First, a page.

were used in order to promote more violence in the child soldiers is another aspect I would like to examine. Birahima is not only smart, sarcastic, and sometimes very funny but witness’s torture, amputation, and murder and still manages to maintain his “sanity”at only 10.

Violence is defined as the act of causing pain to oneself or others. This can include physical or emotional pain. Typical acts of violence include bullying, fighting, assaults of all levels, self inflicted injuries, exclusion of others within peer groups and more. Violence typically shows warning signs and indicators in early stages of a child’s life and if left without correction, can manifest into much more advanced problems. It will typically start as bullying and aggression until it can lead to major acts of violence against others or themselves. Birahima’s picture should be next to the definition of violence. First let’s analyze his opening statement for the book. “The full, final, and complete title of my bullshit story is Allah is not obliged to be fair about all things he does here on earth. Okay right. I better start explaining some stuff. That statement lets us know that Birahima is not your typical pre-teen with his vulgar language and sarcastic tone.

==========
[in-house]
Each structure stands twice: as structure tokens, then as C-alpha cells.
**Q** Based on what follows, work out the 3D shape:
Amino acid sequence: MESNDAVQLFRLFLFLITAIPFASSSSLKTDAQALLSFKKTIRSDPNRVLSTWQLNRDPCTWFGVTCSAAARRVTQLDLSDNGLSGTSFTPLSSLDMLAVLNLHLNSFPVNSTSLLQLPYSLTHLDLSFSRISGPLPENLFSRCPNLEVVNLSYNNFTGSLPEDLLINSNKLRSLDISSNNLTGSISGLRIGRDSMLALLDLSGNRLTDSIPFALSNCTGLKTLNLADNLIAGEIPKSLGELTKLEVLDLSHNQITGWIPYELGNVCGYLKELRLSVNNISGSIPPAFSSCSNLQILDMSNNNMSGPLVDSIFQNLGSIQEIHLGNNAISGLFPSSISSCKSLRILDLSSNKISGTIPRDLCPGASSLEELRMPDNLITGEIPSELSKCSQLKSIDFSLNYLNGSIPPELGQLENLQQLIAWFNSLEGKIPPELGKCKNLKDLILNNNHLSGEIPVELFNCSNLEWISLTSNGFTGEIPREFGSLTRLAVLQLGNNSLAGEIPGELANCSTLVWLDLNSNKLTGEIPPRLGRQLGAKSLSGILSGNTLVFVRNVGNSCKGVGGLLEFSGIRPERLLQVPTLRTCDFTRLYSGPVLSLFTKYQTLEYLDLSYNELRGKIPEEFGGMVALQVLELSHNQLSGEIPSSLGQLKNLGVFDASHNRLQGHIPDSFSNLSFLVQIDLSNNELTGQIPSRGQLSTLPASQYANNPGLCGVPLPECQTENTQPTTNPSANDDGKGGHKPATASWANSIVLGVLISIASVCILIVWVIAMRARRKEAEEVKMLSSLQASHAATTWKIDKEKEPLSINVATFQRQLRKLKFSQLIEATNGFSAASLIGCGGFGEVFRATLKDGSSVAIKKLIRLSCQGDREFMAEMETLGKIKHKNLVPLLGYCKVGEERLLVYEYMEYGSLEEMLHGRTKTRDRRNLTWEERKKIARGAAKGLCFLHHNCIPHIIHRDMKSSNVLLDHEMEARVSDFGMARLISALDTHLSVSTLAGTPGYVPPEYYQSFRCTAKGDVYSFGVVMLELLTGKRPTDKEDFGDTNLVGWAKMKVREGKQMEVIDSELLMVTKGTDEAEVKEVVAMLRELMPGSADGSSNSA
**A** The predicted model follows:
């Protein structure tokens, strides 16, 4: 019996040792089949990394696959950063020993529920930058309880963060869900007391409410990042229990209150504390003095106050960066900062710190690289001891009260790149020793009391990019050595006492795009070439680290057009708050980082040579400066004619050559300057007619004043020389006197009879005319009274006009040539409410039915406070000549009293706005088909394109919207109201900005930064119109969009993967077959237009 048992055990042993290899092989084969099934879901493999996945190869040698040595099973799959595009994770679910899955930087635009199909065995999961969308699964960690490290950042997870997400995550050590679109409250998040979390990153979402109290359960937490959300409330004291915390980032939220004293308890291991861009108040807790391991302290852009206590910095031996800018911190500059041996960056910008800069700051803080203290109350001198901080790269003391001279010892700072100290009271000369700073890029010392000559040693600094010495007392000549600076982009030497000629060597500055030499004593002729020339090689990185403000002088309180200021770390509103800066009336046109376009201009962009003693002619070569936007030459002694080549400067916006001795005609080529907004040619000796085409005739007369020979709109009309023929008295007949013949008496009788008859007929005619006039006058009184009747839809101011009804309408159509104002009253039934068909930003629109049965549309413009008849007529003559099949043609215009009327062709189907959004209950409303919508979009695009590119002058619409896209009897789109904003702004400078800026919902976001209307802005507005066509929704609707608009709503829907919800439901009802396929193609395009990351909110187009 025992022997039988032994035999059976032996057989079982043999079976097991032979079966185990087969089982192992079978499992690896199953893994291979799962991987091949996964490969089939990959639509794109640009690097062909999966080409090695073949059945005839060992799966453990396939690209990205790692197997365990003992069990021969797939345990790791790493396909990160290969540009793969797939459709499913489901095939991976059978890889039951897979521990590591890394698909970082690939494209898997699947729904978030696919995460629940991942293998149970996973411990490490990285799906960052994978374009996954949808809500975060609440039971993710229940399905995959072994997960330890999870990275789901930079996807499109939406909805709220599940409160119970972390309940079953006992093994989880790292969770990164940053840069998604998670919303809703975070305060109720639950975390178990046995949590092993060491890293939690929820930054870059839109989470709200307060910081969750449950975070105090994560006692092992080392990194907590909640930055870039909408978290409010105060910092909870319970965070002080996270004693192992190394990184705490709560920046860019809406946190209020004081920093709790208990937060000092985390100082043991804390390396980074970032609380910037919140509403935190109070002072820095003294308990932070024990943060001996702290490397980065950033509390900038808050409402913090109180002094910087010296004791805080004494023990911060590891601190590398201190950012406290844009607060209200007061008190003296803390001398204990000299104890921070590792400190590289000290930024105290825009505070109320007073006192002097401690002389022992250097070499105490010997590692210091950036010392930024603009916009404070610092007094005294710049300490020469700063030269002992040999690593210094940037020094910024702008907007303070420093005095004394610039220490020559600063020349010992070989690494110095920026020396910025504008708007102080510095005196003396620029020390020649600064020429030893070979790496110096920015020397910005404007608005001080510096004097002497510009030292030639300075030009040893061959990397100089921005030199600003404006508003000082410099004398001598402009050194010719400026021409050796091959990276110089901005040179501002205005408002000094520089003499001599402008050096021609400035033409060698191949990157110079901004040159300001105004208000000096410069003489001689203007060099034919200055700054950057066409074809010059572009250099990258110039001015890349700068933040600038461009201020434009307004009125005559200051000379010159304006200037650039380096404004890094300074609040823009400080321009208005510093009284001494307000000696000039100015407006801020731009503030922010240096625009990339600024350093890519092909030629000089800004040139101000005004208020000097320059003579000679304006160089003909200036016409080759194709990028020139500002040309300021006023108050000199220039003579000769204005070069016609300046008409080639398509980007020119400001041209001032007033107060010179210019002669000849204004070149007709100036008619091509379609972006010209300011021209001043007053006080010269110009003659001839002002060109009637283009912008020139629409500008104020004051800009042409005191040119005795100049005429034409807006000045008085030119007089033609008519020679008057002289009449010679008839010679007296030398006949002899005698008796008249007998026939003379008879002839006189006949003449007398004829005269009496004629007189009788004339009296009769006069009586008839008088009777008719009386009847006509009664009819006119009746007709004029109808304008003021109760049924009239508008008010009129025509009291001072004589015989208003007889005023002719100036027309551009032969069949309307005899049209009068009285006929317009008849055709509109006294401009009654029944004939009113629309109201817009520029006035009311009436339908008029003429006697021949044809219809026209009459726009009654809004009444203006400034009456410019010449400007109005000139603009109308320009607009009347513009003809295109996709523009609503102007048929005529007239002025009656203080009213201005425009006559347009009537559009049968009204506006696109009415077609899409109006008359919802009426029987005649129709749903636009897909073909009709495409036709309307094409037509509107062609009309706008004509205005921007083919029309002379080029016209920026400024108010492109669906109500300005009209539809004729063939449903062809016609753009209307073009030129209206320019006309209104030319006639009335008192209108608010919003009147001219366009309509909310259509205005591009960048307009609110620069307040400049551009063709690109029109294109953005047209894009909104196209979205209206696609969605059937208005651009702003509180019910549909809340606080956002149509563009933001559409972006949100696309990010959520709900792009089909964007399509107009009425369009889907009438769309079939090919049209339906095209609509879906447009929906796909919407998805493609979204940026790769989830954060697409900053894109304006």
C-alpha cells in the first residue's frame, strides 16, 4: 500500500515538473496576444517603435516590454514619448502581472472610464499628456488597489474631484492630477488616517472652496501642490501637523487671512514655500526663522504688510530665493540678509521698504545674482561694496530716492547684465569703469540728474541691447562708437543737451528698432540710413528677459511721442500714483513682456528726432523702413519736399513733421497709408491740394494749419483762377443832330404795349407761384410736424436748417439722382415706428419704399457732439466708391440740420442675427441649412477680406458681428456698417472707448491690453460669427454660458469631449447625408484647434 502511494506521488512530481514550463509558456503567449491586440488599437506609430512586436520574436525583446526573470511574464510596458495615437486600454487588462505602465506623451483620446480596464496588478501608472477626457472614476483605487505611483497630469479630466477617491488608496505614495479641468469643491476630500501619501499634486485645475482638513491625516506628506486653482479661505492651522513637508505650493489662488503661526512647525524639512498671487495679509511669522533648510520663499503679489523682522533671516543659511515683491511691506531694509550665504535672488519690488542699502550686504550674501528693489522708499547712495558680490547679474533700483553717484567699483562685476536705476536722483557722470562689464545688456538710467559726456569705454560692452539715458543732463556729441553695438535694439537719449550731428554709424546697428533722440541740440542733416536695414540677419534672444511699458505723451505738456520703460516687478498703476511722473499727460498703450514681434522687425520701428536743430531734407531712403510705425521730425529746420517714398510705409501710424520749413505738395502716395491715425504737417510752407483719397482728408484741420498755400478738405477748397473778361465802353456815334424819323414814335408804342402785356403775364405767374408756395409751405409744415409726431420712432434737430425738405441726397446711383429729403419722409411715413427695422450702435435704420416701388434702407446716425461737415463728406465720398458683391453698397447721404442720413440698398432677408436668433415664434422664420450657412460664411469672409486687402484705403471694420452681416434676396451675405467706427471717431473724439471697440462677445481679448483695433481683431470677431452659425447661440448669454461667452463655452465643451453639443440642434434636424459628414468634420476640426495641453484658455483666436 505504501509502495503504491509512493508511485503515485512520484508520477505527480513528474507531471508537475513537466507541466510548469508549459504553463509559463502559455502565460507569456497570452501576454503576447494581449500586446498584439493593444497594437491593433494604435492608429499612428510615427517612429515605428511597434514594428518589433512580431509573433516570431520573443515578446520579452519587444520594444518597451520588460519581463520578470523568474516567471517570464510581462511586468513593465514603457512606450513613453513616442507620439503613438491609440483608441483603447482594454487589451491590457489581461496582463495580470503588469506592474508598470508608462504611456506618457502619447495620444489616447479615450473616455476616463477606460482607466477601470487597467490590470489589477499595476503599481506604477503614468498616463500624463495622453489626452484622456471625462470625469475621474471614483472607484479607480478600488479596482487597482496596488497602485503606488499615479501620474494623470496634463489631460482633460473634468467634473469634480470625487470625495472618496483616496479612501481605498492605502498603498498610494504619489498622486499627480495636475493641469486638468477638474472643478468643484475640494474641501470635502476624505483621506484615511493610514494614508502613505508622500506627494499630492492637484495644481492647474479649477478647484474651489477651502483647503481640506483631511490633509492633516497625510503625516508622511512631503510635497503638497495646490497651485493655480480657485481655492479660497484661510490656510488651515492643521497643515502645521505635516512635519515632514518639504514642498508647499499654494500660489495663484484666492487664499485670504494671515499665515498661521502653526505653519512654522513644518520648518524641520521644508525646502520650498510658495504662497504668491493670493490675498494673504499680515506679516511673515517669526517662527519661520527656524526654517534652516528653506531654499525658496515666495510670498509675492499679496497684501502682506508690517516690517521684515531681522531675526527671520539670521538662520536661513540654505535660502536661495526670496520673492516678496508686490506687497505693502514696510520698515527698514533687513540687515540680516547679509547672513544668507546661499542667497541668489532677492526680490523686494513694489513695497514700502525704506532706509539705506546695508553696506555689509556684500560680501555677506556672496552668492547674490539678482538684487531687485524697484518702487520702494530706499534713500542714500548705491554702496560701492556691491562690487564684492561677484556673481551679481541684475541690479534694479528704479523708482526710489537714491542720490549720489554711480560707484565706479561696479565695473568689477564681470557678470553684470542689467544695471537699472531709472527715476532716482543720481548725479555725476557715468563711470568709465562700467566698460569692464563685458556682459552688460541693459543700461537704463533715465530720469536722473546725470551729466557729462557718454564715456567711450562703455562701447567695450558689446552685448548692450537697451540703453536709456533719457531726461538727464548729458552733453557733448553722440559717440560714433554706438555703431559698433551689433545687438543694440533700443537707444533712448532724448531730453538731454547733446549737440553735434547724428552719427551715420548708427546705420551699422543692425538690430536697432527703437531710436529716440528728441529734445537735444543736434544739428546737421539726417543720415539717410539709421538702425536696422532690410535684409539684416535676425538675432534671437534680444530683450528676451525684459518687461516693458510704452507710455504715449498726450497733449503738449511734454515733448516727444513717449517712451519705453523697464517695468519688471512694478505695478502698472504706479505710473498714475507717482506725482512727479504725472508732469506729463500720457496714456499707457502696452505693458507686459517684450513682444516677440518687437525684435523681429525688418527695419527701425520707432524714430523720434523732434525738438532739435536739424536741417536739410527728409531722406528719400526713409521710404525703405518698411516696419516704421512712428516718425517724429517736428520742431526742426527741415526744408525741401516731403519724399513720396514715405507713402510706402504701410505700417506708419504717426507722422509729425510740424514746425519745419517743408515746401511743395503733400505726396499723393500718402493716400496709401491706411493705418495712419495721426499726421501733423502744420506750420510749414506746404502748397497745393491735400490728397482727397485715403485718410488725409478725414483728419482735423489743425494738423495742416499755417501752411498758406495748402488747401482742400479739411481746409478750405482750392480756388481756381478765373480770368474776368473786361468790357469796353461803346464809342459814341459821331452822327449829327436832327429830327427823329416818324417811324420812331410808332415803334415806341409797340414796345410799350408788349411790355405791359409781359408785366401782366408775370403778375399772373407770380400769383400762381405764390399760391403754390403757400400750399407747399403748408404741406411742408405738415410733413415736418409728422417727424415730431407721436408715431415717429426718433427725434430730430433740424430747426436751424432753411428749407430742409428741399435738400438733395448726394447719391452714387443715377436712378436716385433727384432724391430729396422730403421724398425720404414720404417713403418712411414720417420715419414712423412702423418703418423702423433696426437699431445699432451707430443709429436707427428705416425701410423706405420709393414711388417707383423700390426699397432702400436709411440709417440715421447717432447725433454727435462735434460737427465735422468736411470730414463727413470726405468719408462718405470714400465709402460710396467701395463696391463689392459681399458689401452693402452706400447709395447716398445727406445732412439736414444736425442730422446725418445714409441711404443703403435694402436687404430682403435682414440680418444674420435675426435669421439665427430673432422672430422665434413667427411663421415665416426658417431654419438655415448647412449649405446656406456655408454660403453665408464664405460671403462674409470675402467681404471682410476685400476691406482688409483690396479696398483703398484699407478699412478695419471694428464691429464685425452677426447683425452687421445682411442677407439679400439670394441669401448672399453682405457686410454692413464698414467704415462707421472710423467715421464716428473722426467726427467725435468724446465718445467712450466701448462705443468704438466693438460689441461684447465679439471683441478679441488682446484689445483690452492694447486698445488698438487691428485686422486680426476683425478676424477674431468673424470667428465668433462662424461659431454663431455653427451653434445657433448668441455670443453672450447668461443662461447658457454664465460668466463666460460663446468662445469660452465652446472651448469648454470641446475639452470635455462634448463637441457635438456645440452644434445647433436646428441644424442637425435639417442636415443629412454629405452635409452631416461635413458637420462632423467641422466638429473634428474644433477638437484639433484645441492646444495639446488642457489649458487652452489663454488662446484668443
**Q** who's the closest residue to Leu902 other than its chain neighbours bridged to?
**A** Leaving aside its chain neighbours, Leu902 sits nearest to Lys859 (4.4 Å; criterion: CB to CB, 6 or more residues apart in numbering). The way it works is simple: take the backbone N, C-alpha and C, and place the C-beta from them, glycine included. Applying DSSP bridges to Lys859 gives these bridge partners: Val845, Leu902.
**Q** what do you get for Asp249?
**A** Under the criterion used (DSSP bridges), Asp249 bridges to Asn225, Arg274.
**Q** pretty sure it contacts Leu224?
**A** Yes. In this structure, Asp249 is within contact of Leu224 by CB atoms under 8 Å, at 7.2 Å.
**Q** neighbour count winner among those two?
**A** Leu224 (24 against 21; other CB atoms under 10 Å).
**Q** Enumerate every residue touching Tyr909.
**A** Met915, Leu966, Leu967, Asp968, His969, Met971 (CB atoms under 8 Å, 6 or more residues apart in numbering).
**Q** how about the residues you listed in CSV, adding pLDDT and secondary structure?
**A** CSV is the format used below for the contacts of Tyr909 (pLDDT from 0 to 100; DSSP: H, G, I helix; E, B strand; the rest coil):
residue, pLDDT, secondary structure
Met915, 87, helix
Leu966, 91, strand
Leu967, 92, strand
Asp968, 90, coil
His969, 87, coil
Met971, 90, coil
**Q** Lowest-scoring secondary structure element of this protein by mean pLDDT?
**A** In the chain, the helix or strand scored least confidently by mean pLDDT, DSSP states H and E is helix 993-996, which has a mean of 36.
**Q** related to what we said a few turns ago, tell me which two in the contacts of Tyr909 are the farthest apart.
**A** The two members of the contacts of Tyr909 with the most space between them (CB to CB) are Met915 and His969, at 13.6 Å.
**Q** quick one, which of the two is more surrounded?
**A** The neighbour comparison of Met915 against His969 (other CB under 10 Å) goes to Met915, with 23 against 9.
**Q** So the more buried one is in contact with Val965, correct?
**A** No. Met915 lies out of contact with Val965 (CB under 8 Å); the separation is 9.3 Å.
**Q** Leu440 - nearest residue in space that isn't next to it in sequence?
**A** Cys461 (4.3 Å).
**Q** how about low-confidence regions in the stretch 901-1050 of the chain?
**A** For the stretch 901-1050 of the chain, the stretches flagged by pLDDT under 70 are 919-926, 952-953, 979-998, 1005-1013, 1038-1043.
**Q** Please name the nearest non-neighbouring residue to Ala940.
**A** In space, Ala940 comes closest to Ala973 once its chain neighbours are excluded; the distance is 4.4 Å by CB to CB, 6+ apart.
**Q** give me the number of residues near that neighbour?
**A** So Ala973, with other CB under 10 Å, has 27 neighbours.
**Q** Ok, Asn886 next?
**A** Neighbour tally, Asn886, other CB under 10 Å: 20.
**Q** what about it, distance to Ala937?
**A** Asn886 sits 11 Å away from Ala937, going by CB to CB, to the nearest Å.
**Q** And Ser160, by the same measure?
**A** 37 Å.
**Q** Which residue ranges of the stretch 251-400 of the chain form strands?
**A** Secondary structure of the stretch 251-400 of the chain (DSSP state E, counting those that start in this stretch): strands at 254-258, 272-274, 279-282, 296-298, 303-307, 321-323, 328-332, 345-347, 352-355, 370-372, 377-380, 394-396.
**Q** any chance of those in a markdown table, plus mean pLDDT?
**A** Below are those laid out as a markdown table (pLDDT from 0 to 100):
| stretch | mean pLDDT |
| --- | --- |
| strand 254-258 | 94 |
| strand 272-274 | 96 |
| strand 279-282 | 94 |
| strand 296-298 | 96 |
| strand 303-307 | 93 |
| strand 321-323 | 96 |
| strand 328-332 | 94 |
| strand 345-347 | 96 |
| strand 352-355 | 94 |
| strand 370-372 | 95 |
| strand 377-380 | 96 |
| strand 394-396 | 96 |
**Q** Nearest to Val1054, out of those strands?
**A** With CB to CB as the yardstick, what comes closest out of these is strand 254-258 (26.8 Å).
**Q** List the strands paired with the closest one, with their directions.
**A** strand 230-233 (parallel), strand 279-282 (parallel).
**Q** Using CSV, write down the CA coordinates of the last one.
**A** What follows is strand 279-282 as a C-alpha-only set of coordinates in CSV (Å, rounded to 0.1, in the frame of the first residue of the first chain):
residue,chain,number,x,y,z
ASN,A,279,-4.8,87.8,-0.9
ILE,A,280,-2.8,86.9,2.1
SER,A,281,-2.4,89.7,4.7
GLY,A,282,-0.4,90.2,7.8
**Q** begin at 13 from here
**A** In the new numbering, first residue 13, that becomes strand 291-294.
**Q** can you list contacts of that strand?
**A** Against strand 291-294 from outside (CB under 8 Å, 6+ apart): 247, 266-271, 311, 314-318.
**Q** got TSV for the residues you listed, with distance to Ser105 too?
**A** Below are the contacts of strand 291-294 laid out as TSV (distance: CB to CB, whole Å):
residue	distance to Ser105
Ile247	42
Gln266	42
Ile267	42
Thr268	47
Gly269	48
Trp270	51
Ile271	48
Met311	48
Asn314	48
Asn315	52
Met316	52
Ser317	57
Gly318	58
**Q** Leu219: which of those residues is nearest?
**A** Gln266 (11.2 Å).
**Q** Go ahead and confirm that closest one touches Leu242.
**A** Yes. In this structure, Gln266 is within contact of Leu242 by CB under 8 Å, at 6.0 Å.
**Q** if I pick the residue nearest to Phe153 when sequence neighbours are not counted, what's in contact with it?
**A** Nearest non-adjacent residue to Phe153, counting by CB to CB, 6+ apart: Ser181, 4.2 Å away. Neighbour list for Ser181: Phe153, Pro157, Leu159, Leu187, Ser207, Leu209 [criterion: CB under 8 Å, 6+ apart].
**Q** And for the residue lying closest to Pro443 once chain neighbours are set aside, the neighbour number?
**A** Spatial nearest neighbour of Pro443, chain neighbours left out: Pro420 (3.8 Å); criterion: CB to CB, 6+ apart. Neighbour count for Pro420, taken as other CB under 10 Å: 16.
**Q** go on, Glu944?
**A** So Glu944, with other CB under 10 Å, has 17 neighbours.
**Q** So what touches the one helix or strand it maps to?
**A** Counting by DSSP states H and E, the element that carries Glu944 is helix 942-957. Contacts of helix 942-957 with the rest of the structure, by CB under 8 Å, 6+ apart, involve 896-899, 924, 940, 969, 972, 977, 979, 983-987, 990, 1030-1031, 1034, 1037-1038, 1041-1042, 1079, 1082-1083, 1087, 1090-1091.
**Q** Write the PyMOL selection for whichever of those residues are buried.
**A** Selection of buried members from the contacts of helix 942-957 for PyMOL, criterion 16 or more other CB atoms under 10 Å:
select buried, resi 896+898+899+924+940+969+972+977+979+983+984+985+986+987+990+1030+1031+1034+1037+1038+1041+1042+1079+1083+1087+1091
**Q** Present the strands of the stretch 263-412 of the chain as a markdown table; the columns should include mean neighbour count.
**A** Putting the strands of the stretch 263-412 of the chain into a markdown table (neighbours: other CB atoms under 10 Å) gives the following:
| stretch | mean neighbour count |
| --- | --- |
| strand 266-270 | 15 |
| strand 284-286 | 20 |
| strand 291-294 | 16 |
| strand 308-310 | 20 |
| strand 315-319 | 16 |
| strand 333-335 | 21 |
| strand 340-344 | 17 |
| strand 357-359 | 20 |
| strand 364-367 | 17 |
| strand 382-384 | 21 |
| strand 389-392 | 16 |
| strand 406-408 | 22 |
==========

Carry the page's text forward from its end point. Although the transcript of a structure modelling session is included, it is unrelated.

Let us start from the beginning. First off the fact that Birahima’s socioeconomic status is very poor will have a big impact on his behavior. Due to the fact that I live in a poor neighborhood I can see hands on that when money is non existent, people become angry and even violent to attain it and this is prevalent in Birahima’s case because now that he is a child soldier via killing his “enemies” he is able to attain things that he would not have been able to in his previous economic situation. In my neighborhood, many people lie, steal, and even murder their fellow neighbors in order to attain materialistic items weather it be something as small as